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Today is Thursday, February 21, 2019


Not Applicable

Piracy, has many faces and can used to describe hostile like deeds at sea, on large bodies of water and ashore undertaken by private individuals. It been around for almost as long as man began using ships for commerce and continues in some areas almost unabated.

 In the European area, as far back as 75BC, at the tender age of 25 a man who was to become the acknowledge and undisputed Emperor of Rome was taken hostage by Ciclian Corsaires. Ceasar was rasomed but retruned to excact retribution on those who had held him captive by quite literally having them crucfied.

Corsaires used shallow bottomed bottomed galleys fitted with rams and went about ramming other vessels. They were mainly after rich hostages whom they held to ransom while the poor were taken a slaves and put to work on the galleys.

While their dominion was centered on the Mediterranean one of the more adventurous of them had a foray to Iceland.

Piracy spread to the Carribean lured by the enormous weath they could plunder carried by cumbersome slow moving treasure ships. Here the bounty was the riches of gold and other precious comodities of the new world much of it taken by force from the inhabitants of South America. They fortified the Island of Tortuga chosen because of its easily defended sheltered harbour and more importantly, its  closeness to the main shipping lanes.

Port Royal (owned by the British at that time) became their next hang out again with an easily defended harbour however, in 1692 it was destroyed by an earthquake followed by a giant Tsunami killing around 4,000 people.

To combat the increasing nuisance European built stronger and faster vessels inlcuding steam powered ones, the pirates were hunted down with most of those captured being killed before being imprissoned. Some made it to Newgate Prison in England only to die of some awful disease before they could be executed. This was effective and around 1720 piracy was relegated to being a minor nuisance.

Meantime piracy was still a booming business from the Red Sea to China and was eventually cleared out by the expansion of the British, Spanish and Dutch colonial powers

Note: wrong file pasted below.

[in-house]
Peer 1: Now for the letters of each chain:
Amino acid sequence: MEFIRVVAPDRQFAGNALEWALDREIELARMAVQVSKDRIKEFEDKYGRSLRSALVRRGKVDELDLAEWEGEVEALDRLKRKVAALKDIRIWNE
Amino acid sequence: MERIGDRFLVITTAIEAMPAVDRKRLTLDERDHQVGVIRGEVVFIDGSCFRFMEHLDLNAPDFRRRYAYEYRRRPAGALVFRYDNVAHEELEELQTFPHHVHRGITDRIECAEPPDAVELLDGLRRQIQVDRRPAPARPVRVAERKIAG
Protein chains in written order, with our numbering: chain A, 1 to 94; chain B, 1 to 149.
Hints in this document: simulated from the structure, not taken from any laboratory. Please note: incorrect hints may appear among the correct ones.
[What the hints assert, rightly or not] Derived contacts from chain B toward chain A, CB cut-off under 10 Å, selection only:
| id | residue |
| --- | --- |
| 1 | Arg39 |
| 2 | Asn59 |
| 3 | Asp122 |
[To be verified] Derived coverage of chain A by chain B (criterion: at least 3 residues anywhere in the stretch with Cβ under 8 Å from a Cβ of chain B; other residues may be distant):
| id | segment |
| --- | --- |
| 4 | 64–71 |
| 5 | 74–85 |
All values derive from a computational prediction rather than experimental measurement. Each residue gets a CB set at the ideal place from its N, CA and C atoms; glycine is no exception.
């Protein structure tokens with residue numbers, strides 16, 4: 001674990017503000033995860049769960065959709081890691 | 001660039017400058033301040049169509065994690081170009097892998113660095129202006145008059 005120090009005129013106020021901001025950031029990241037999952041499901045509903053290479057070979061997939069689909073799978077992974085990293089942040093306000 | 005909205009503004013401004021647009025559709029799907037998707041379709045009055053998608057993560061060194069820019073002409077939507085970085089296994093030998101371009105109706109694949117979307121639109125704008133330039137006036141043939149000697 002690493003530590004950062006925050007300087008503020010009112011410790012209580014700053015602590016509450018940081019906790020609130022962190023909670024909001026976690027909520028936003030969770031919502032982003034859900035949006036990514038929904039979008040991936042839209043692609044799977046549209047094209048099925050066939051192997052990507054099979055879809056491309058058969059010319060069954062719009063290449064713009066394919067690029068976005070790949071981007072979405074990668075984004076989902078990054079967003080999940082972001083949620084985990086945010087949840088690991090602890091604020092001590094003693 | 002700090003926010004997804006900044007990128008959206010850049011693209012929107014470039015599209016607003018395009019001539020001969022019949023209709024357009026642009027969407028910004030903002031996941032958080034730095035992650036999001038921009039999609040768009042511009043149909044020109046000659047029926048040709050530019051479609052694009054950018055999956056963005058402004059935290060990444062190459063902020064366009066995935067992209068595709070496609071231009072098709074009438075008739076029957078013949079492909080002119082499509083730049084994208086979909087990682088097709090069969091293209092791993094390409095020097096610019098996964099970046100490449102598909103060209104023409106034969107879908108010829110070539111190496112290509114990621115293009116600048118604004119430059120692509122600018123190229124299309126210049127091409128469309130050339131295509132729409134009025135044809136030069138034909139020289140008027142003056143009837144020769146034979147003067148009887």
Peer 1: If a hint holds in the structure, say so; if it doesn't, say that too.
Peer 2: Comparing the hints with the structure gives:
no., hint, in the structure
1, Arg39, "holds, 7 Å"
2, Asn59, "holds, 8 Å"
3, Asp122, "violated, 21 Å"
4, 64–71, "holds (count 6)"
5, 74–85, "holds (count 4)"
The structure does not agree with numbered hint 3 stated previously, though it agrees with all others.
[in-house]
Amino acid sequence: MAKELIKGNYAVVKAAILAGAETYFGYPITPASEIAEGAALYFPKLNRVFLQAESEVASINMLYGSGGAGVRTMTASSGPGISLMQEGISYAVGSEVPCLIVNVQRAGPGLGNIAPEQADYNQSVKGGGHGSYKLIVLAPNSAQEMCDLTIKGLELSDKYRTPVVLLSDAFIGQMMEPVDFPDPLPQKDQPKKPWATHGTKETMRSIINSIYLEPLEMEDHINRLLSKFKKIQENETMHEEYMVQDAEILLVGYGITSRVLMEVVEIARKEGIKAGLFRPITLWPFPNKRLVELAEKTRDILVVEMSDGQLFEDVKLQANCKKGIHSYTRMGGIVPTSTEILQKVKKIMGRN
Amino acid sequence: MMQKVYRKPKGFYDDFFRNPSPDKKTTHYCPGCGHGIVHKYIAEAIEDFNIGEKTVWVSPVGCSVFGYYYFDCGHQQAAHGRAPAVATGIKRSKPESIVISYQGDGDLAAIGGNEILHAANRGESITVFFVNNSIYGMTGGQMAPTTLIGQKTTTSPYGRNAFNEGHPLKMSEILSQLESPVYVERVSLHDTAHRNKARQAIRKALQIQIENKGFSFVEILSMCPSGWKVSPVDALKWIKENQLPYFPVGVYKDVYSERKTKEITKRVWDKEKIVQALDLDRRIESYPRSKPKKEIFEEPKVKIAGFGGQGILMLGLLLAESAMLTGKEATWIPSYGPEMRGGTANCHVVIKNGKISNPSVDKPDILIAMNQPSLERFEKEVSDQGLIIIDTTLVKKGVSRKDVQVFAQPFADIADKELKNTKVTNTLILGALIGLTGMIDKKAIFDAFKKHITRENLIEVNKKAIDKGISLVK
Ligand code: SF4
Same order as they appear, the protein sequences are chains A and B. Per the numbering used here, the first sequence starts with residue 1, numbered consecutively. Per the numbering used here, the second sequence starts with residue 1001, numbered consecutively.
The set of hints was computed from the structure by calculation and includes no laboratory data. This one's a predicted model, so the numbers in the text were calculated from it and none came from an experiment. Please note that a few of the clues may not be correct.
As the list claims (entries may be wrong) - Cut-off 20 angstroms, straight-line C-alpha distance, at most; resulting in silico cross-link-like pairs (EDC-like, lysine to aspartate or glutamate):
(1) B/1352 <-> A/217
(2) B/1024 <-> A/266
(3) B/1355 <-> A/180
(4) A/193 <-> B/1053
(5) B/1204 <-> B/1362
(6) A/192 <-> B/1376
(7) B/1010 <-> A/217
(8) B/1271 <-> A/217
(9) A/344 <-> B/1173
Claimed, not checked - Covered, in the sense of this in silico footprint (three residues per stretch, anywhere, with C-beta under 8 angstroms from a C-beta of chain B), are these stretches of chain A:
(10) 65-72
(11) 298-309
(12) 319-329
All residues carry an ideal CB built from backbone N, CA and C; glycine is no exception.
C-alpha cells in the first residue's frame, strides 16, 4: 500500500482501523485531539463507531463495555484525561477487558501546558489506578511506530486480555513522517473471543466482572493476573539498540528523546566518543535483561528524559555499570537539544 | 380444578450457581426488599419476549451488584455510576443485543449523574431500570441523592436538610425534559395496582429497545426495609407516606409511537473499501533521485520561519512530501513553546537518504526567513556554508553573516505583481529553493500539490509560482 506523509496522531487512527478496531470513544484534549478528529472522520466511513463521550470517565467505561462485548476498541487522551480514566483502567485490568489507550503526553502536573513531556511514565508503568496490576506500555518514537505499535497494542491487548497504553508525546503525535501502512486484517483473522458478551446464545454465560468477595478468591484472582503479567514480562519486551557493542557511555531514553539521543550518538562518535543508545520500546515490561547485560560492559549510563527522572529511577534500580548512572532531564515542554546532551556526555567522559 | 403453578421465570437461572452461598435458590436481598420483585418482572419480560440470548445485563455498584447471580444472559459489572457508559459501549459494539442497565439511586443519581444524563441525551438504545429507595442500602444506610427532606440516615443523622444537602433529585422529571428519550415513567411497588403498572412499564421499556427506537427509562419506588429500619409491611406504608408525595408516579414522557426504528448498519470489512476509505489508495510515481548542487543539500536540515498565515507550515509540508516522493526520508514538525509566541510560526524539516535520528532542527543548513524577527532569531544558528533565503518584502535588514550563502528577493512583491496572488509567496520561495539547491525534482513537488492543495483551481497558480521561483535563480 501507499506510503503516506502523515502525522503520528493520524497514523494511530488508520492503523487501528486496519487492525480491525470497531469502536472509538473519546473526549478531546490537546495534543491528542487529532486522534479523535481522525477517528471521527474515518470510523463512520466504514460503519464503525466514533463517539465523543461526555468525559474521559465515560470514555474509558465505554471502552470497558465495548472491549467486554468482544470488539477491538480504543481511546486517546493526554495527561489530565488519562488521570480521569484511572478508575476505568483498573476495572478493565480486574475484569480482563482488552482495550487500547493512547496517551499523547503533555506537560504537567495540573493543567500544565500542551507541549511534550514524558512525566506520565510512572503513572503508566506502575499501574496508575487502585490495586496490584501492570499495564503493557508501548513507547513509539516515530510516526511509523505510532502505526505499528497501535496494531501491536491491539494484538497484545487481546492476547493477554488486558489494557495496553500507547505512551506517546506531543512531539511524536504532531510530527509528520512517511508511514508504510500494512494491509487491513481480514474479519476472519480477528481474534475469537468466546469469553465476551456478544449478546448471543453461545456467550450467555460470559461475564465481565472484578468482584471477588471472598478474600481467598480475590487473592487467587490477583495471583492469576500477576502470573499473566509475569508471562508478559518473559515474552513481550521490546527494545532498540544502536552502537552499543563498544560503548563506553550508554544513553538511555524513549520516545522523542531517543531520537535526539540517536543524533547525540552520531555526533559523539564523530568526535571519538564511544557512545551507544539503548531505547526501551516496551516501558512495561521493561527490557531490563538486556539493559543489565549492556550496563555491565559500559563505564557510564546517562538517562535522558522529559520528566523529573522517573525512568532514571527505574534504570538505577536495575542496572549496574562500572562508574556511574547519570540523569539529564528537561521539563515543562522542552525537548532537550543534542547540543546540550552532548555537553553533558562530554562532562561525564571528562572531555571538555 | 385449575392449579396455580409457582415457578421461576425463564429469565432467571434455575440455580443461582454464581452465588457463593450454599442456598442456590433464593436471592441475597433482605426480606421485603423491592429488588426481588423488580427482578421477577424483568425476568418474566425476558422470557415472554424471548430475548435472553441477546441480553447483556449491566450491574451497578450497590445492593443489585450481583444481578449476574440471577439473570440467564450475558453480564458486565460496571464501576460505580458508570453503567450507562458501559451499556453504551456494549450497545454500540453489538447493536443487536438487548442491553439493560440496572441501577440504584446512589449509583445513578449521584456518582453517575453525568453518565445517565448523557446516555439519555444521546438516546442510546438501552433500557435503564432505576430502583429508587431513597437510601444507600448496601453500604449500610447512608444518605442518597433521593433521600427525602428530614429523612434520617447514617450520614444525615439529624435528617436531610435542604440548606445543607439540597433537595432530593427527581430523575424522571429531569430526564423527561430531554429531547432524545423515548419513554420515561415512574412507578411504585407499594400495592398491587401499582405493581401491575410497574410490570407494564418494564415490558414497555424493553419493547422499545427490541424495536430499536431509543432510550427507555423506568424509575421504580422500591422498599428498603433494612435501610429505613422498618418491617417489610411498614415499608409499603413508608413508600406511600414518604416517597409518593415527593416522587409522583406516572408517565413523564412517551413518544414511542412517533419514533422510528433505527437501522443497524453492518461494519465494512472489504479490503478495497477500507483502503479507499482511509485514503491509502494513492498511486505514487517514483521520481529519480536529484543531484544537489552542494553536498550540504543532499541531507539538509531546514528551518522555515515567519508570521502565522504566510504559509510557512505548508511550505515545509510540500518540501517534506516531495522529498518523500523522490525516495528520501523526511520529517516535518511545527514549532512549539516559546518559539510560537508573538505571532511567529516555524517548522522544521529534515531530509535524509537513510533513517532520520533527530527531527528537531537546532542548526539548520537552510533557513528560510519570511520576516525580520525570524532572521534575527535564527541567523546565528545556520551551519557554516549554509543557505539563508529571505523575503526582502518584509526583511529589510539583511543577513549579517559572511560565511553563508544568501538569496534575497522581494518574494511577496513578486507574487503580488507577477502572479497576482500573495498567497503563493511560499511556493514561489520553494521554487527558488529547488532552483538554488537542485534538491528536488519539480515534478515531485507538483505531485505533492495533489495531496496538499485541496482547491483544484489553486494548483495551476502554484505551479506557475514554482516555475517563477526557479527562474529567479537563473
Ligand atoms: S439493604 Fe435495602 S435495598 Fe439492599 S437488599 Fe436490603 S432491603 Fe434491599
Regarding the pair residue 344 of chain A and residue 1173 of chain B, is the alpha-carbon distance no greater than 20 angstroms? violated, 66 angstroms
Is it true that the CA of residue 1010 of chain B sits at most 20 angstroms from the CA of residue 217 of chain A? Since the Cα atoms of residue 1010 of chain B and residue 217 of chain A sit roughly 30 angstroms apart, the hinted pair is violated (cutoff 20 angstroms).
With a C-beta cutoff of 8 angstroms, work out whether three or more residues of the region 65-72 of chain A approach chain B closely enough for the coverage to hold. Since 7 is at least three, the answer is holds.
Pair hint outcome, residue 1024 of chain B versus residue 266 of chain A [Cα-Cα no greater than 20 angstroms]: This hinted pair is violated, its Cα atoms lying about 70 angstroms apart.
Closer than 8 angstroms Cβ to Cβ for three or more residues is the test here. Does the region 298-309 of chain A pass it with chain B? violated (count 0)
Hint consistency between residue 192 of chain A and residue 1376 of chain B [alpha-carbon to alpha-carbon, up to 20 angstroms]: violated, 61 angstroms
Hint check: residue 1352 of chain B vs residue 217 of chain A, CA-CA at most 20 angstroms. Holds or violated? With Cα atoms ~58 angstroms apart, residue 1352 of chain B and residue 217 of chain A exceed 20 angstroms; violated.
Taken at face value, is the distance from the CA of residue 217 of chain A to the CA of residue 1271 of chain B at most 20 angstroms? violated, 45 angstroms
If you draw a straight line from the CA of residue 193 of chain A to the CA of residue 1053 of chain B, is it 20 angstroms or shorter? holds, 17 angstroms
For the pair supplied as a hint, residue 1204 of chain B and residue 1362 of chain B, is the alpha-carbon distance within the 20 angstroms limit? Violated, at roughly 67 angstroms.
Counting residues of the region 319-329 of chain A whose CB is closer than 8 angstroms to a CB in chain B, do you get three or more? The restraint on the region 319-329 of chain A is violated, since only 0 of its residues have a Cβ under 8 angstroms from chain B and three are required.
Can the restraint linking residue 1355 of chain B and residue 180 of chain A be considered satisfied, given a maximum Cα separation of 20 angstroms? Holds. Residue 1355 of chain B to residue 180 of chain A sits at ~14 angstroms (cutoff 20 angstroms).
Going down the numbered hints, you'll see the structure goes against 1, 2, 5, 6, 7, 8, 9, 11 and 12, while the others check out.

Piracy today is widely practiced almost around the world and has recently come back to the world headline stage because of events off Somalia. This is likely the most widely known scene for such a calling. However not so long ago this was definitely not the case. In around 1972 I was on board a fully loaded 39,000 ton steam driven centre castle tanker passing off Obia light on the east coast of Somalia. Due to a catastrophic failure of the in service turbo alternator we lost all power and were unable to recoup from the situation. As we drifted towards the coast, there was no option but to drop anchor to await rescue which involved being towed by another company vessel to Mombasa for repairs. This was a fully loaded 60,000 tanker  - those were the days.

While we languished awaiting rescue without the means to cook food, take a refreshing shower and other such things that makes life comfortable we notice a dhow tacking against the onshore wind coming towards us. It set out about 8am in the morning and arrived alongside at around 4pm – not to take us hostage. But to offer the services of a doctor to provide medicine and treatment for anyone who may have been injured by our misadventure. How things have changed, but, why?

 Jim Nicoll

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